If you're changing jobs, you're going to have to write a resignation letter. Here's how to do so without burning bridges.
Most professionals want to move up the corporate ladder and expand their careers, which often means changing companies and saying goodbye to current colleagues and employers. But how do you say goodbye without burning bridges?
Simplicity is the most effective method when determining how to write a resignation. It should be professional, curious, and, most importantly, direct to the point.
How NOT to write a resignation letter
So you've found the perfect job and now want to say goodbye to your current employer. First thing's first, do not spill, or even imply, your feelings on paper. This not only is unprofessional; it may hurt your future endeavors.
Let's begin with how not to write an effective resignation letter. Here is an example of a truly pitiful goodbye letter:
I quit. I've had enough.
You owe me $3,000 for unused vacation and sick days.
While this team member may feel that their time at the organization was a living hell, this is not the time to say it. Instead, a letter should convey the positive time spent with the organization. However, what do you do If you feel that none of the time was positive? Write a quick, direct and to the point letter informing the boss of your departure.
How to write a resignation letter
A truly expert resignation letter is one that sets you up to leverage your former position and colleagues' esteem in your future path, whether it's for networking or solid references. In other words, don't burn bridges you may need in the future.
The first paragraph should focus on the subject at hand – leaving the organization. The letter's tone should be professional and direct. Open with the fact you are leaving, and include the date and reason for departure. If you are resigning for less than positive reasons, do not include the reason in your letter.
Here is an example of the introduction paragraph:
Dear Mrs. Sanders:
This letter is to inform you I am resigning my position as Team Leader effective December 2, 2016. After five years successfully leading a fine group of fresh minds and dedicated team members, I have found another position that will help further my career and advance my skills.
The second paragraph should focus on your time with the company. This is where you butter them up. Here is an example of the second paragraph:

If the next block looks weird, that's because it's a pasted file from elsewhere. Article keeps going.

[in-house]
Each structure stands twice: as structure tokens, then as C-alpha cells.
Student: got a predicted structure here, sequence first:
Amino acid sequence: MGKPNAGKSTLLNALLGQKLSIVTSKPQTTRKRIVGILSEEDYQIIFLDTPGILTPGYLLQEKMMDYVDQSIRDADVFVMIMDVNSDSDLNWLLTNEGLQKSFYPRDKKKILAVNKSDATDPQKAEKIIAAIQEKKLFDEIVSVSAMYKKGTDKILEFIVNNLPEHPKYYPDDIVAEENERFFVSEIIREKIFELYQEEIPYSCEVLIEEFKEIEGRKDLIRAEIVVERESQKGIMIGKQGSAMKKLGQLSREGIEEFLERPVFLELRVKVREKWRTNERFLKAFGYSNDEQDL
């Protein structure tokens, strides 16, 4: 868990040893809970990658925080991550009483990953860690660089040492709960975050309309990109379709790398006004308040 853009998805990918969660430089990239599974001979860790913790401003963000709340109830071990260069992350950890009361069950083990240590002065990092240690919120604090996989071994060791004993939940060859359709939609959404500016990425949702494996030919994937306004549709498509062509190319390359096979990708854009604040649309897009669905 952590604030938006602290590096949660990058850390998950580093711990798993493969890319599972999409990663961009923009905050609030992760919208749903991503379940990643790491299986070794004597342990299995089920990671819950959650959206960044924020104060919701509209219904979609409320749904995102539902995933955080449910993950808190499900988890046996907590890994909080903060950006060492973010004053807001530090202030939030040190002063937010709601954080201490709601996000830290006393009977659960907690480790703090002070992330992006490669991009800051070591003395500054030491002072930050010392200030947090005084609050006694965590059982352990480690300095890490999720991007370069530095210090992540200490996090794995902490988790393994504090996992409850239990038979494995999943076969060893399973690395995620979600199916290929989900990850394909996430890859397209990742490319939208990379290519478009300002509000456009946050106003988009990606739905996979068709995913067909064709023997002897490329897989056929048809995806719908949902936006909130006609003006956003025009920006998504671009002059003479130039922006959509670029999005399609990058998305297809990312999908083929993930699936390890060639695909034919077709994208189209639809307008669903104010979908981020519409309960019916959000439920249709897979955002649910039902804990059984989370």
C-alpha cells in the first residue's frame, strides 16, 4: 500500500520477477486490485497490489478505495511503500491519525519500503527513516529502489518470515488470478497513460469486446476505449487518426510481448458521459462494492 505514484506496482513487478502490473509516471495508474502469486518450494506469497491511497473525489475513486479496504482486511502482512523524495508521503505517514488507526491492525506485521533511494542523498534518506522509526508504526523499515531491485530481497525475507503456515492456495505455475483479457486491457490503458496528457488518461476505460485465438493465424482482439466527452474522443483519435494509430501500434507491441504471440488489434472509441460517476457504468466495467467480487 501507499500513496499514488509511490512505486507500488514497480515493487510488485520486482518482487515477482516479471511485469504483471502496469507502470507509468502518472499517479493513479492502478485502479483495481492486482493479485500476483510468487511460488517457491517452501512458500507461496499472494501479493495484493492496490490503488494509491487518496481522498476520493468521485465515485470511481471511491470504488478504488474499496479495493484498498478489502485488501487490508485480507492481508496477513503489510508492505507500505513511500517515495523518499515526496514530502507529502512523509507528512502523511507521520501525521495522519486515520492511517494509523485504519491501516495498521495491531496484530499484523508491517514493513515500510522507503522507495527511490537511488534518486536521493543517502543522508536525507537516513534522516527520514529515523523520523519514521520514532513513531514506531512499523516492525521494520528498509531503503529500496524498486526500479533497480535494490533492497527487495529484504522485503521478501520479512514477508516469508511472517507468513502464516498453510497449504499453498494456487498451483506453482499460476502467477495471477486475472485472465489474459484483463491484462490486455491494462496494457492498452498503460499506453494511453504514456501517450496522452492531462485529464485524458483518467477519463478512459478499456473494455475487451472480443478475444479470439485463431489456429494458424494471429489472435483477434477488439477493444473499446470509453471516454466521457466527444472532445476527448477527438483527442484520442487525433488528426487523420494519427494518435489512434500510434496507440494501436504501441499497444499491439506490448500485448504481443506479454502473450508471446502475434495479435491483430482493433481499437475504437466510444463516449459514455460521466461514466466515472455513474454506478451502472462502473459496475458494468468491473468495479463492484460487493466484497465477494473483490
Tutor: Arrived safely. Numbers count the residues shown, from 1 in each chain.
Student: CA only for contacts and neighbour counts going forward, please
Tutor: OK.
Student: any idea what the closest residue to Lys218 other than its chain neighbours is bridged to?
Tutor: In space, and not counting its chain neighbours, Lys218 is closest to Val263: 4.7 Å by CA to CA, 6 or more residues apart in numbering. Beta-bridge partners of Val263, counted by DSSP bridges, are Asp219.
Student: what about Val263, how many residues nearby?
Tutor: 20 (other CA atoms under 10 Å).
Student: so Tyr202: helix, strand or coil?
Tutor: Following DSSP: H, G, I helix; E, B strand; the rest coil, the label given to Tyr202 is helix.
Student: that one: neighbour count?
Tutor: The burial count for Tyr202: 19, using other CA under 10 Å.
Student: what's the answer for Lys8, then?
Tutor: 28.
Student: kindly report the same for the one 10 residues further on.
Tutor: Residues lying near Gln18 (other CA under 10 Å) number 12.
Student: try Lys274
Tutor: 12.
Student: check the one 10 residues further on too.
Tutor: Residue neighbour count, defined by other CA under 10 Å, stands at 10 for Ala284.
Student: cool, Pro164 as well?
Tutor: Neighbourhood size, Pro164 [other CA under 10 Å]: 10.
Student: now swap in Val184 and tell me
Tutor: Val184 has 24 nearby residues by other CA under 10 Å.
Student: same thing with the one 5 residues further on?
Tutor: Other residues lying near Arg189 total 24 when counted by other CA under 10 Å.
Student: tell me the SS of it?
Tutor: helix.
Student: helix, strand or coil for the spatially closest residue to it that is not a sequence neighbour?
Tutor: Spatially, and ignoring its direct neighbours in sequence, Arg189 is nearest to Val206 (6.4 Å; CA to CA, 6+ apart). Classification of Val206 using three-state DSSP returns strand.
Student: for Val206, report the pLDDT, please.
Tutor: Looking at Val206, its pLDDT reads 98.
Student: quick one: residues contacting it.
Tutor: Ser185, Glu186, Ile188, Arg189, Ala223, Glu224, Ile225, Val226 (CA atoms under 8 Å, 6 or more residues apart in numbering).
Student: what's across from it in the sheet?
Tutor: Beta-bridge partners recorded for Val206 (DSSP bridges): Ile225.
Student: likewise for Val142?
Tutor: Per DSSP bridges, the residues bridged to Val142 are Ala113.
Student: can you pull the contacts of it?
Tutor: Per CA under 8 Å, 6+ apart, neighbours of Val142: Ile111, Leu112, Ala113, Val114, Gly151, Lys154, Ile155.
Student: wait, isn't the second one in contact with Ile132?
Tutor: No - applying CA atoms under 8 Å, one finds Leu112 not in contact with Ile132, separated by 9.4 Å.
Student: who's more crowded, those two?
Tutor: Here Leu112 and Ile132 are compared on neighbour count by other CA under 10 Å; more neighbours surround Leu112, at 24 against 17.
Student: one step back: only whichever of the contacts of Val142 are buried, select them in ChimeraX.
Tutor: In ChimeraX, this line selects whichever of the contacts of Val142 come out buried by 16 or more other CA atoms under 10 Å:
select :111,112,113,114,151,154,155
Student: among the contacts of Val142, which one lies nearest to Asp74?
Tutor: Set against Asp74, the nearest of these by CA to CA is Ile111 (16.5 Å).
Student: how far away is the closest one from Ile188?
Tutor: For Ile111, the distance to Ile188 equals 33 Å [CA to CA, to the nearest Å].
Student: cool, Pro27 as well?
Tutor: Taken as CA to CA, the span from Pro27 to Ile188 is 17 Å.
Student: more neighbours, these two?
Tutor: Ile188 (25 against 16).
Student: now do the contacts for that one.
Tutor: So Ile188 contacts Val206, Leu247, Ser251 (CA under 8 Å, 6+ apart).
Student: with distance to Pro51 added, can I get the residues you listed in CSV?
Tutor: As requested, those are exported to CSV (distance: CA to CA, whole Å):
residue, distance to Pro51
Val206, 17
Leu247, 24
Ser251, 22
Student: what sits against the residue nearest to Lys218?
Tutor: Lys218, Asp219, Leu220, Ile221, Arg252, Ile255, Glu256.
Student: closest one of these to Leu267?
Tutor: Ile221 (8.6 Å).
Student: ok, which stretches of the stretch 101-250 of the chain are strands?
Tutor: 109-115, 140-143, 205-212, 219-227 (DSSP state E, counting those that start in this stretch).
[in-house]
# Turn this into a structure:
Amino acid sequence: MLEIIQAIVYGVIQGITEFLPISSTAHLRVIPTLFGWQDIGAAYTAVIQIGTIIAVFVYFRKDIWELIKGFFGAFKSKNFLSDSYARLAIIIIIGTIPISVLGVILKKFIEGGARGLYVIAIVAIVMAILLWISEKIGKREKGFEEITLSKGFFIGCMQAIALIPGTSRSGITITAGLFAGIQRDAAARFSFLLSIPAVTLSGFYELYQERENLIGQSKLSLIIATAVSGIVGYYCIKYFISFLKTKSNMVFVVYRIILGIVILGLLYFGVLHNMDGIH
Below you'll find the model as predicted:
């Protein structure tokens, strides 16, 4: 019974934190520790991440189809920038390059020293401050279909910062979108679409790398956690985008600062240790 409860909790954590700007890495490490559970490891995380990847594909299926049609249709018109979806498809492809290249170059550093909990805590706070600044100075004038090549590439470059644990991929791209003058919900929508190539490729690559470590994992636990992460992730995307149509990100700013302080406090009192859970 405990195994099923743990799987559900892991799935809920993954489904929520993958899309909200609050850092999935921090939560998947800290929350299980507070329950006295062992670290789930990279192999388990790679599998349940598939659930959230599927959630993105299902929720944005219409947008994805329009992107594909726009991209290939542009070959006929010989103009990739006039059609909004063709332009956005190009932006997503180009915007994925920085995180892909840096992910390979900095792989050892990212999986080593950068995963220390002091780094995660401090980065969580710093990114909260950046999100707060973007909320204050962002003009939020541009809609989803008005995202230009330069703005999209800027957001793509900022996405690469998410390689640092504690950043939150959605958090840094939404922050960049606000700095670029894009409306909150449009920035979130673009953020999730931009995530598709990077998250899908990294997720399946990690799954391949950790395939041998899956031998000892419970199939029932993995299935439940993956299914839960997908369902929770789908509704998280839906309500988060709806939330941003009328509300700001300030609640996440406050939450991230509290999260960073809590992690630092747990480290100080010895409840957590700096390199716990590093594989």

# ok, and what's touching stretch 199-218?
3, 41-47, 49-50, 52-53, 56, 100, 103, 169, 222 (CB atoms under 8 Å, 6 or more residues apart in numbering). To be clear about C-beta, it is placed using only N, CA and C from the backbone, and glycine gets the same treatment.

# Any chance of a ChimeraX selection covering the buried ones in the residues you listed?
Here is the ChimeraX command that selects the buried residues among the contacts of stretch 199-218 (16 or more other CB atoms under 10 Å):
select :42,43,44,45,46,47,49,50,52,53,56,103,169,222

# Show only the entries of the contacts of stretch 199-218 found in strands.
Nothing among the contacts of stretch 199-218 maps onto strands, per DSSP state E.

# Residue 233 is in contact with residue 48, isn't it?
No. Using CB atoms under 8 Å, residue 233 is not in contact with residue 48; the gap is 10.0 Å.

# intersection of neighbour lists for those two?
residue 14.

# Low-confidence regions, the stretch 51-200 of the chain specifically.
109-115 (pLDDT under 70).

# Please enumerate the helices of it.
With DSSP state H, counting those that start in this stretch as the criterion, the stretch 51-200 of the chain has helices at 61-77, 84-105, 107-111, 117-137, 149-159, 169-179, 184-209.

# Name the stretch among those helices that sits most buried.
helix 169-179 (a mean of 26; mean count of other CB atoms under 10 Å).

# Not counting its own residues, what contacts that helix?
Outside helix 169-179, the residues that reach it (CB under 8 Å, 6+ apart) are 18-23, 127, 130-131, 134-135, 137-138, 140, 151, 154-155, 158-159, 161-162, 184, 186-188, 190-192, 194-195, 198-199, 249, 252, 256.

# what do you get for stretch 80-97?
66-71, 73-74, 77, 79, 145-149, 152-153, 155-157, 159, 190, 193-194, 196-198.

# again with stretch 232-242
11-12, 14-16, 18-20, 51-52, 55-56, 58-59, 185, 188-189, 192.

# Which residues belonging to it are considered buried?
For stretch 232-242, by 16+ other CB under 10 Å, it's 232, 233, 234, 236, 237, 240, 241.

During my tenure with your company, all team members went out of their way to make me feel welcome. The dedication to teamwork and a true family environment will stay with me no matter my next adventure. Thank you for allowing me to play an integral part in your company.
Finally, close with an invitation to contact you if they need more information. And ask if you can use them in the future as a reference. Make it clear though that you are not seeking a counteroffer and your decision is firm.
Your employer will not appreciate a last-minute resignation. Make sure you send your resignation letter in a timely fashion. This not only is courteous, but it shows your dedication to professionalism and opens up chances for future possibilities.
While experts disagree on what is an appropriate timeframe to give a resignation letter, the common thought is 30 to 45 days prior to your departure. The minimum requirement at most companies is at least a two-week notice before leaving.
When selecting a timeframe, remember the company needs enough notice to seek a new team member to fill your position, and other paperwork needs to be completed before you leave. Additionally, you should tidy up your workload before departing.
Leaving a work environment can leave mixed feelings for colleagues, employers, and the team member who is resigning. The process for determining how to write a resignation letter, however, can be simplified by maintaining your professional courtesy and remembering there are real people behind those titles and nameplates. Use the Golden Rule as your guiding point.
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